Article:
Ungulates groom to remove ectoparasites but grooming may interfere with foraging, vigilance, and rumination, and it is possible that these effects differ among migratory tactics due to differences in parasite infestations. We compared the effects of grooming for winter ticks (Dermacentor albipictus) on winter foraging behavior by migrating and resident elk (Cervus canadensis) in the partially migratory population at the Ya Ha Tinda, adjacent to Banff National Park, Canada. We used hair loss on the dorsal shoulder area ("withers") measured from photographic images as an index of tick infestation of individual elk. We conducted 594 focal observations on 48 radio-collared and 18 uncollared individuals that were uniquely identifiable from ear-tags (N = 66) in 2019 to assess whether grooming for ticks in winter reduced time spent foraging, ruminating, or being vigilant. Because rubbing or hair loss from radio-collars may influence tick infestations and behavior, we controlled for whether elk were collared or uncollared in our analyses. Neck hair loss was 3-5% greater in collared elk than uncollared elk, but neither withers hair loss nor time spent grooming differed. Grooming occurred during 42% of the observations but grooming comprised only ~1% of observation time. Nevertheless, 40% of all grooming was observed during resting, and grooming interrupted vigilance behavior ~8 times more than foraging. We found no differences among elk following different migratory tactics in time spent grooming or in other behaviors, but one of the two groups of migrant elk had higher withers hair loss. Our results suggest winter ticks may have slight effects on elk relative to other ungulates, particularly moose (Alces alces), in North America.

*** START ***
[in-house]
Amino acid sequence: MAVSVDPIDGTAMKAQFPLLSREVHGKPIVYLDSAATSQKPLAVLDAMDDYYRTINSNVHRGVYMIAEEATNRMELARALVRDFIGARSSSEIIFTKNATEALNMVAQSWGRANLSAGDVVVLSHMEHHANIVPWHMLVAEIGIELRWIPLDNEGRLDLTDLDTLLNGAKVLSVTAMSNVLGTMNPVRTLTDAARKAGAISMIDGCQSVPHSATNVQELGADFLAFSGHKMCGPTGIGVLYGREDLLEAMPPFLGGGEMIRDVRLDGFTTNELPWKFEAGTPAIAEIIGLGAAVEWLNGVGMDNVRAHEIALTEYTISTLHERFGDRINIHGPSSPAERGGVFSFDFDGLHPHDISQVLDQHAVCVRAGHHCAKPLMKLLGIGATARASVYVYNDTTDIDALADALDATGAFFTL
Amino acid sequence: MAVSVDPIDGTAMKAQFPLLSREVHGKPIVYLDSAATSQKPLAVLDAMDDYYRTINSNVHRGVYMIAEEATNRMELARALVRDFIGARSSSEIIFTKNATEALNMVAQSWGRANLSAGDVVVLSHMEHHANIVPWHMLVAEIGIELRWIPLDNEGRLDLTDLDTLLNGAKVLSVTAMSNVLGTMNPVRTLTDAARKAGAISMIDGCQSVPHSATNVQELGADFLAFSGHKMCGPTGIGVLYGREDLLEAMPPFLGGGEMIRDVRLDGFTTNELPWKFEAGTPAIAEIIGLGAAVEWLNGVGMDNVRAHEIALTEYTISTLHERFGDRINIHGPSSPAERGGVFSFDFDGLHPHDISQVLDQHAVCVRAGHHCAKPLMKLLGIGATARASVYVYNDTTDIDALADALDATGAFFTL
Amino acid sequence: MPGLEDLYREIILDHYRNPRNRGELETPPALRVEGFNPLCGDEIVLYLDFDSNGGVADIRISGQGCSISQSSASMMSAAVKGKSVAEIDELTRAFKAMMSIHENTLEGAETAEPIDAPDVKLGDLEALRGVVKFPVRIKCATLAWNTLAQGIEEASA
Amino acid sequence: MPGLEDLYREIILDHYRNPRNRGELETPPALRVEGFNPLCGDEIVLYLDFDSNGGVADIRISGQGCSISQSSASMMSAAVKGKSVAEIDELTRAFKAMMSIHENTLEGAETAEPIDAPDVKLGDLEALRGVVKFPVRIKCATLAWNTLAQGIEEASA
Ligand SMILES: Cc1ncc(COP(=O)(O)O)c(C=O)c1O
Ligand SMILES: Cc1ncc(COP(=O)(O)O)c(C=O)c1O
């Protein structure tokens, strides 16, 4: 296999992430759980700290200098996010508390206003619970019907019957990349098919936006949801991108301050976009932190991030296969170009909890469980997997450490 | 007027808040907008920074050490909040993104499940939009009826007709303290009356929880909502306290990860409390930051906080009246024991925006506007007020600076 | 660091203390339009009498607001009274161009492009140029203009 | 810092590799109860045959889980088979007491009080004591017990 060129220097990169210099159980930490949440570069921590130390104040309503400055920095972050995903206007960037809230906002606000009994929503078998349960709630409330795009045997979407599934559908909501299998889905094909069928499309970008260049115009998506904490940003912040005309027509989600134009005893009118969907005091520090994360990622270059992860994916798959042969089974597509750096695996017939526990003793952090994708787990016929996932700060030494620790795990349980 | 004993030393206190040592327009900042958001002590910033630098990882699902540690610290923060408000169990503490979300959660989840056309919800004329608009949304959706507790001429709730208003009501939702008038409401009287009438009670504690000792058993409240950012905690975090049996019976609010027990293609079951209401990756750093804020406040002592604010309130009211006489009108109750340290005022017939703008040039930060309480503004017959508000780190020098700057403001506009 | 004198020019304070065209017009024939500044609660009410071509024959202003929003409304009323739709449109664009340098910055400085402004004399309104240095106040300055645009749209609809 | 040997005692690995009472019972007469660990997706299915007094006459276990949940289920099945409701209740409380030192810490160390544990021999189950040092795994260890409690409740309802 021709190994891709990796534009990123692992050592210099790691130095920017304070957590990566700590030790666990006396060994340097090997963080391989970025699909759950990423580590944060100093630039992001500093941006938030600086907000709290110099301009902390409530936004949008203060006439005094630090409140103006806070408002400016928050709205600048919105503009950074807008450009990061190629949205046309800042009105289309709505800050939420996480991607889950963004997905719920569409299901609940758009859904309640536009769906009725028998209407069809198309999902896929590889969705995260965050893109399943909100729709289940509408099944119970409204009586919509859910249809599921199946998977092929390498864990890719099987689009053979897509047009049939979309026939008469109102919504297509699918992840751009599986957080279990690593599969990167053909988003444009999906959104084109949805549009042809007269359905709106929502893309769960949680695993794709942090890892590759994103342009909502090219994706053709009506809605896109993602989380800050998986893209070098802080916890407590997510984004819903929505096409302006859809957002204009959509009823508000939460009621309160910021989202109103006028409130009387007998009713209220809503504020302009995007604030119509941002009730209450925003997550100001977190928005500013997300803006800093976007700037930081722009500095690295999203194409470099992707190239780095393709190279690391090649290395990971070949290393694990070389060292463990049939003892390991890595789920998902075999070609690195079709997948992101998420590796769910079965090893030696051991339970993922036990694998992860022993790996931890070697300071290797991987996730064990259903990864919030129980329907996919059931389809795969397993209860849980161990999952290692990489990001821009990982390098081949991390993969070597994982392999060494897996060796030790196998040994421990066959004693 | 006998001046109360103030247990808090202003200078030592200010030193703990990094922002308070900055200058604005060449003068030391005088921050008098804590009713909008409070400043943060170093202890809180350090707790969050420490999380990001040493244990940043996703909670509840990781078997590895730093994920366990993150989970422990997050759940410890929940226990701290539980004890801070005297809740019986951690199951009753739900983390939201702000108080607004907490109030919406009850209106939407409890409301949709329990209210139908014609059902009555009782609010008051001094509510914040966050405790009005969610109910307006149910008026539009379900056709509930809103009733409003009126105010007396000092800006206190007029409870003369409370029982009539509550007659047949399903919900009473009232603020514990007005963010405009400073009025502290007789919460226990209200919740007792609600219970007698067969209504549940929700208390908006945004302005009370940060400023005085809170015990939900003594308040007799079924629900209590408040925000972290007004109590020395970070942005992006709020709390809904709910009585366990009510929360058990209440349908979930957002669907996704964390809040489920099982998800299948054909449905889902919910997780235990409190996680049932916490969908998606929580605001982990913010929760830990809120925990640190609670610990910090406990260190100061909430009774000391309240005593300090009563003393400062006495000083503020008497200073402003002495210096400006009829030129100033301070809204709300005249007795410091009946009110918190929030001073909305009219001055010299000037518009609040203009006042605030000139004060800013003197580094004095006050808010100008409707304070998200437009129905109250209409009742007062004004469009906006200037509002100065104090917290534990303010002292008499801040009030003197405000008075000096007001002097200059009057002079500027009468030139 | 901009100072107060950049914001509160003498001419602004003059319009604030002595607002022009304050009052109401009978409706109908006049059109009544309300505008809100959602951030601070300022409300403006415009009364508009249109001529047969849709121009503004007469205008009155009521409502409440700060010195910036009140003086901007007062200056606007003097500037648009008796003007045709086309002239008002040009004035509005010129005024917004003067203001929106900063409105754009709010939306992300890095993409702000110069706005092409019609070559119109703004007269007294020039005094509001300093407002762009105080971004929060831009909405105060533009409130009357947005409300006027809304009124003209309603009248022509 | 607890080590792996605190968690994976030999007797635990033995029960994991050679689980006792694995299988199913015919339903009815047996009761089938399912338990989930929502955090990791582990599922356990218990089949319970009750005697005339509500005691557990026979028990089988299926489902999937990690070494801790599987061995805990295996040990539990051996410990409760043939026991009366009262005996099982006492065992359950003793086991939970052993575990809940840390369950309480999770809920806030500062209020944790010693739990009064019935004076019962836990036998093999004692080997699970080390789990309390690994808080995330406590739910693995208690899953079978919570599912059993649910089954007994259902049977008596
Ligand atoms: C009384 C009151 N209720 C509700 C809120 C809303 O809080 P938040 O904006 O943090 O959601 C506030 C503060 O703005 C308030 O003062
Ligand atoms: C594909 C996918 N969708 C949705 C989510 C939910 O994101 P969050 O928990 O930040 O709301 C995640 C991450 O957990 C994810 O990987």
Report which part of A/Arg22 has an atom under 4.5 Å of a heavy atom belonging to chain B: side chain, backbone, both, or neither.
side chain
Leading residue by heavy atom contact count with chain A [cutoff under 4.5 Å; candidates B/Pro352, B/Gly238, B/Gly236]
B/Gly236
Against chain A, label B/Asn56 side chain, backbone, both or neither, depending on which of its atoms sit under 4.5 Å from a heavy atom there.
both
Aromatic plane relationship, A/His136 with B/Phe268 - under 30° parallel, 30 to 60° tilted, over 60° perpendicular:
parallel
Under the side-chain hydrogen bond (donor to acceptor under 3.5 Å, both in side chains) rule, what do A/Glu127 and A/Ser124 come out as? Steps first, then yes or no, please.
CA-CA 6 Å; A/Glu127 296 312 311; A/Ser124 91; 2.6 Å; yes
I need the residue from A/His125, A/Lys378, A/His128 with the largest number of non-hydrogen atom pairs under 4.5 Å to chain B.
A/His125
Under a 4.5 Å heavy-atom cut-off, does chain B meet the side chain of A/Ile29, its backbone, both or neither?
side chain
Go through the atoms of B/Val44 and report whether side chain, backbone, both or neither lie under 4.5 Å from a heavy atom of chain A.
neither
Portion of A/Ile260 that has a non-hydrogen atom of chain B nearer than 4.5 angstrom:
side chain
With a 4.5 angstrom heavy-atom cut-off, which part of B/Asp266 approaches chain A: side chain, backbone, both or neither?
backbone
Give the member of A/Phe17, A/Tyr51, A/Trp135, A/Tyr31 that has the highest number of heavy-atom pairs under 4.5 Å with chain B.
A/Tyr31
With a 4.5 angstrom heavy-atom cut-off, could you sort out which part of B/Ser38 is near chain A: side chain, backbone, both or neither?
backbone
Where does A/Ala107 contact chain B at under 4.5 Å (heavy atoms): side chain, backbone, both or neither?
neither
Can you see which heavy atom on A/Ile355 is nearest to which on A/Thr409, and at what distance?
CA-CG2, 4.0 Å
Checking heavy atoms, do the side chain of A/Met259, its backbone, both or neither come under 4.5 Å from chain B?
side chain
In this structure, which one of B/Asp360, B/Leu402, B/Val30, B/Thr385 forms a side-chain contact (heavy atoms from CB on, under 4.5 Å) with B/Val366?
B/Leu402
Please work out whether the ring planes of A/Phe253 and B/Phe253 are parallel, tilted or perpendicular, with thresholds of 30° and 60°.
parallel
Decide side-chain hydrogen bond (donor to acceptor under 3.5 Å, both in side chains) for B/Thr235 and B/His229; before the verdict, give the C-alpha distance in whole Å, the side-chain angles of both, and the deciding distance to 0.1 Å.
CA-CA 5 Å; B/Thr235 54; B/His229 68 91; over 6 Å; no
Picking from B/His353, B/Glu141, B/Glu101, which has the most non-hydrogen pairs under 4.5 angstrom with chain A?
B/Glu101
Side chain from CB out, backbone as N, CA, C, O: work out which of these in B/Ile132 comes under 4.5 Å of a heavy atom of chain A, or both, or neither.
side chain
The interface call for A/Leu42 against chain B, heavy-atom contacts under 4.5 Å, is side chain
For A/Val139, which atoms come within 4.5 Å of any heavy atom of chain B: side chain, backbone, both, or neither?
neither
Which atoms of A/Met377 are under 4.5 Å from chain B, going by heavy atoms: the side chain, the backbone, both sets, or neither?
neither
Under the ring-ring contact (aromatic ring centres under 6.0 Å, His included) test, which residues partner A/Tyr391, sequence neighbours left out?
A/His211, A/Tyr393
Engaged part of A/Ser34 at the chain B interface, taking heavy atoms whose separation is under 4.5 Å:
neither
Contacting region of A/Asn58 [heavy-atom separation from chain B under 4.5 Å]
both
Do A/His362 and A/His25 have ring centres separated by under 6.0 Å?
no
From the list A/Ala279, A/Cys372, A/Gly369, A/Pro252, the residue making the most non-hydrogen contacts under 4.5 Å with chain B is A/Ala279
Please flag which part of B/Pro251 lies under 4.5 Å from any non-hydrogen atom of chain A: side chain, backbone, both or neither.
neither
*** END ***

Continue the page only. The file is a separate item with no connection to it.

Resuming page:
- hair loss